He loves creating magic with the simple Greek flavours of his childhood, but David Tsirekas is equally as passionate about dishing up a few surprises at his Sydney CBD restaurant.
By
David Tsirekas

1 Jun 2012 - 1:43 PM  UPDATED 6 Sep 2013 - 9:31 AM

When most people think about Greece and its cuisine, I reckon it’s a fairly safe bet that lamb souvlaki, dips like tzatziki, and whitewashed walls with blue trimmings spring to mind.

It makes sense: they’re the elements of my culture that people are familiar with. But the reality is that Greece is about so much more than that, and that’s my inspiration. I cook meals that remind me of the flavours of my childhood; flavours from northern Greece where my parents were born.

At the same time, I want my meals to represent the whole and varied picture that is Greek culture and history. That’s why Xanthi doesn’t look like your 'typical’ Greek restaurant, and instead has a slight Turkish feel about it – a nod to the fact that Greece was once part of the Ottoman Empire.

In the early ’90s, I never imagined that one day I’d work in the restaurant industry full-time. Back then, I was a swimming coach who took casual jobs in kitchens during my downtimes. It wasn’t until my sister decided she wanted to sell her share in Perama, a Greek restaurant in Sydney’s Petersham that I began to think about the industry seriously. I bought her share of the business in 1998 and went into the kitchen full-time. Let’s just say it was a steep learning curve! But I grew to love the challenge of putting out beautiful food consistently, and the immediate results that cooking can produce. There’s nothing better than seeing the look on people’s faces when they’re enjoying your food.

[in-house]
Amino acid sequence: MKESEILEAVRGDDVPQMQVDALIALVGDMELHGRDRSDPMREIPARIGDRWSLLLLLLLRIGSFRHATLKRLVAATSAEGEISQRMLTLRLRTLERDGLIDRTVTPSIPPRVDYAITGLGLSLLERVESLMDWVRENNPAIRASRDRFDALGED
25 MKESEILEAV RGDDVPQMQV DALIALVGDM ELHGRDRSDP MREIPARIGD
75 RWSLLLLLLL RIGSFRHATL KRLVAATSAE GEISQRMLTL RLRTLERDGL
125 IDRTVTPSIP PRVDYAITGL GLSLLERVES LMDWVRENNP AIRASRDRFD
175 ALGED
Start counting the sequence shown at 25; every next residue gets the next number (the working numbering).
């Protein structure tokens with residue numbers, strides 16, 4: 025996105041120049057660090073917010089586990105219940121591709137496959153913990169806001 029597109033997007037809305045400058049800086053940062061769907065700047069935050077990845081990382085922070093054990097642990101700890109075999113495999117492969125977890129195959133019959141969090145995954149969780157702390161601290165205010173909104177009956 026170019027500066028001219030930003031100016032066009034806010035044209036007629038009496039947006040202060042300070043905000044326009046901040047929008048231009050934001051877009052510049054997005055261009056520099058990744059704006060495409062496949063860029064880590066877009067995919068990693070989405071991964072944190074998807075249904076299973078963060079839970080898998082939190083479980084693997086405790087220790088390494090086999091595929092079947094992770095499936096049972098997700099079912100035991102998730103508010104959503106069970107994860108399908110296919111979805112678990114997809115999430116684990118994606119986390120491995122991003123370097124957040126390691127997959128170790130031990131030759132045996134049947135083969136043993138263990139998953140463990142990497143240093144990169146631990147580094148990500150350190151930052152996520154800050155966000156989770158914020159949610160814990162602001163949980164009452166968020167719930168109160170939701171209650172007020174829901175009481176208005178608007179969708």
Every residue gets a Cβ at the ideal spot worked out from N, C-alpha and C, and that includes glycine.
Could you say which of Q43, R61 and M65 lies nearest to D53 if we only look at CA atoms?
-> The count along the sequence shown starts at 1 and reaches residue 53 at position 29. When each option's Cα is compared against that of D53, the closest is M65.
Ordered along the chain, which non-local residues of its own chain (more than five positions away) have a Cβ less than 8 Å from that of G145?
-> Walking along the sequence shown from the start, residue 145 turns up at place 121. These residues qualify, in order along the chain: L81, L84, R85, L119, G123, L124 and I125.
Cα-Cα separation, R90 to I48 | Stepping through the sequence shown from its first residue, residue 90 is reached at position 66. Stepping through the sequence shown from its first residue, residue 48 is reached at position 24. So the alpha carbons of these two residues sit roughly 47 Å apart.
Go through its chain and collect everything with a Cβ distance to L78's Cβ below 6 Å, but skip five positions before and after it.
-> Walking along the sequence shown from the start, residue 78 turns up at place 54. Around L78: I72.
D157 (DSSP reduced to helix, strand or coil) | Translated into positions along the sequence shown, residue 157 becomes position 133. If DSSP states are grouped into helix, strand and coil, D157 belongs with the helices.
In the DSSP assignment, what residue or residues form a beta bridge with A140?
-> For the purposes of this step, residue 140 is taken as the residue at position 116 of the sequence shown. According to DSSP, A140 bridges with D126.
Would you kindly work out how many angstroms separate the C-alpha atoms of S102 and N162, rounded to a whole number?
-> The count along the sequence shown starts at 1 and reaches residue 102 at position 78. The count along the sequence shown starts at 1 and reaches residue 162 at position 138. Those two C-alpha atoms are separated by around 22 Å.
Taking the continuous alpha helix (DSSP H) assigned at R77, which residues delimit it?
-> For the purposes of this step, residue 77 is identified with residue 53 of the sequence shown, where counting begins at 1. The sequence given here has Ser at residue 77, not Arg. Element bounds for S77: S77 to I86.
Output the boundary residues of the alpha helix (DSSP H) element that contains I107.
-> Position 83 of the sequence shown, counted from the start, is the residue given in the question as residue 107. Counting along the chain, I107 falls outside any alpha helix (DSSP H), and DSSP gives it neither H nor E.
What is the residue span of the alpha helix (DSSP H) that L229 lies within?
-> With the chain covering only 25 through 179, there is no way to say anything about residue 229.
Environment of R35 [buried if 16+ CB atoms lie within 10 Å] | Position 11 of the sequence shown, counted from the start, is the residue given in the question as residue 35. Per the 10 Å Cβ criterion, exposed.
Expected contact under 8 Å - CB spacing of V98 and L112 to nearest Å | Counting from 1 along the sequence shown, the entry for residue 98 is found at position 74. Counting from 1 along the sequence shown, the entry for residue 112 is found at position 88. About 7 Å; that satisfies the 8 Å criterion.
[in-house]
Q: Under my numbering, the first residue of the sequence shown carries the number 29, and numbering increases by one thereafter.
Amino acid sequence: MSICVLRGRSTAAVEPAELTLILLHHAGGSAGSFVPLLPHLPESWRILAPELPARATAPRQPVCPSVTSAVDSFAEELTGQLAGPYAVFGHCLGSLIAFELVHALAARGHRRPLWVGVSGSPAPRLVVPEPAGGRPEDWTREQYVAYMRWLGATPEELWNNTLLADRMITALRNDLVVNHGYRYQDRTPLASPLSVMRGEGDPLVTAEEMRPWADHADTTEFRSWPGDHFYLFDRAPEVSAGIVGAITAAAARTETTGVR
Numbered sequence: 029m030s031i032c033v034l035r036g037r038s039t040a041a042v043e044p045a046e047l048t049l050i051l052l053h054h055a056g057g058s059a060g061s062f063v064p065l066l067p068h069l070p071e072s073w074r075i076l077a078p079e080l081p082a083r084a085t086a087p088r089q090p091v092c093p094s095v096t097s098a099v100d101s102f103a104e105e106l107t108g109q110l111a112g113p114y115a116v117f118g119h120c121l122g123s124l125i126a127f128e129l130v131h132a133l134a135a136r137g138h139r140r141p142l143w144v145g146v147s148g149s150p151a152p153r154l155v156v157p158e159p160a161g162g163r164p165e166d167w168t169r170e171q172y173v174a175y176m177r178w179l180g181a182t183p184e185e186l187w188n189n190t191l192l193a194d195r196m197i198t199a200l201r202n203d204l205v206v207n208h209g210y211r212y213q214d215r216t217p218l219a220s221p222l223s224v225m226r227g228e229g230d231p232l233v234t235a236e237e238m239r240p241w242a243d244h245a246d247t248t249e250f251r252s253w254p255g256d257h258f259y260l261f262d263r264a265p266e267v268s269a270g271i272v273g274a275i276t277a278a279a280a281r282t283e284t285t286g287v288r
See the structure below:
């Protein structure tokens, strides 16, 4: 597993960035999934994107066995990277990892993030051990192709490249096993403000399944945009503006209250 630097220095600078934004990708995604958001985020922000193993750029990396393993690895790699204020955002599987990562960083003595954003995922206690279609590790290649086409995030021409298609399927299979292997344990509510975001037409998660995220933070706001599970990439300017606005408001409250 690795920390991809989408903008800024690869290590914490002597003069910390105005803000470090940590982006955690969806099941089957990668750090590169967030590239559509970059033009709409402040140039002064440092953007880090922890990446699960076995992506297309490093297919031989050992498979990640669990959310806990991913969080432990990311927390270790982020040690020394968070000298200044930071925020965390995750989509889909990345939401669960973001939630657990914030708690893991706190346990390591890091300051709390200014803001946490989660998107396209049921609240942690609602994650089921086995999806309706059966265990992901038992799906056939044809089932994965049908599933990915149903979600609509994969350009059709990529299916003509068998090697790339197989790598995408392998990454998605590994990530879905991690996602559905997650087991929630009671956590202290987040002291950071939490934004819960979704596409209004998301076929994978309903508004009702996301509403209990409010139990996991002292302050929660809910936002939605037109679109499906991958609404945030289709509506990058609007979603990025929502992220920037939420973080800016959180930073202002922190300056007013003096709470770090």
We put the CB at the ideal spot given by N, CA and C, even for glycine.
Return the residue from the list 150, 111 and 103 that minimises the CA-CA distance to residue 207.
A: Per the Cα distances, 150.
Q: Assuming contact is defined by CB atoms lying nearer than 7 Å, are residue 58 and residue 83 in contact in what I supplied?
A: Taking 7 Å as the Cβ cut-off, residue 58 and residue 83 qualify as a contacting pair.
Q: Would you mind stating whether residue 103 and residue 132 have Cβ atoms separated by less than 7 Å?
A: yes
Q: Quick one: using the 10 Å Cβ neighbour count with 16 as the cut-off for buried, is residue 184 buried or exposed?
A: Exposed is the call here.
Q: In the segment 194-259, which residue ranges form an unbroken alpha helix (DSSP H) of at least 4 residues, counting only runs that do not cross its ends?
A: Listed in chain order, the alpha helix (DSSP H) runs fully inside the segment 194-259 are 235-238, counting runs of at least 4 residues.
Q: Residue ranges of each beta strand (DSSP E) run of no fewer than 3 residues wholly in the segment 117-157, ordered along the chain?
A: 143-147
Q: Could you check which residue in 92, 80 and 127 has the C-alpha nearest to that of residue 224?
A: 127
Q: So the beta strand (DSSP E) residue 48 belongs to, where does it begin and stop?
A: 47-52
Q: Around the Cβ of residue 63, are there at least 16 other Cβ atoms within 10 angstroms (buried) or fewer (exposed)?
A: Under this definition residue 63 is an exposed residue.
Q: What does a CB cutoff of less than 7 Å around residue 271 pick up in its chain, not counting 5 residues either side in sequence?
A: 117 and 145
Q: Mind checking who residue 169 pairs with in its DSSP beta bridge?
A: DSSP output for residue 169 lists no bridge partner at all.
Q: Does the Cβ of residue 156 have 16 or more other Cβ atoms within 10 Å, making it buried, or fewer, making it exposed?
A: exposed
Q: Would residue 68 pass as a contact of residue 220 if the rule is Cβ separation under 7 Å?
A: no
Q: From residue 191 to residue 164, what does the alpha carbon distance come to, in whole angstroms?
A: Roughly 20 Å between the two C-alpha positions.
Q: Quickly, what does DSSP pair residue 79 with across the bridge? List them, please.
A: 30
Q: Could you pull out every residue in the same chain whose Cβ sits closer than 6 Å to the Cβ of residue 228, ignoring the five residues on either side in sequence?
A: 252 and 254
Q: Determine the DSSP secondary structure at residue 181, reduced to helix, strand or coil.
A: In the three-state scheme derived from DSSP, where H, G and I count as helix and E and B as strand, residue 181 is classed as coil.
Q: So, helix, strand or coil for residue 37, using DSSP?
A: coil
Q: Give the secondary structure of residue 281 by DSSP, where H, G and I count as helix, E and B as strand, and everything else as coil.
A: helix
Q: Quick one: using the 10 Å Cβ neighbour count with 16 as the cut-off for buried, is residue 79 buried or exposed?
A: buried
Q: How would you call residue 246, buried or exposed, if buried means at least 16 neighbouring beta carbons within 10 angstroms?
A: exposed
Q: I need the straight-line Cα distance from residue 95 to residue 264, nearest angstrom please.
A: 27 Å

Last year I decided to open Xanthi, which meant closing Perama. I found my chance to do something different at Xanthi; to be more experimental and cook food that’s somewhere 'outside the box’. I’m still passionate about pulling simple Greek flavours together to create something spectacular, but you’ll also find dishes like pork belly baklava on the menu, where the techniques usually used to create a traditionally sweet dish have instead been used to craft something savoury.

It’s been 14 years since I started cooking in a professional kitchen, and I still enjoy it. I get a kick out of serving people and still feel like I have a lot to learn. I’m nowhere near done yet. In fact, I think I’m just beginning. When it comes to cooking, I’m definitely still on my odyssey.

Recipe
Turkish stuffed eggplants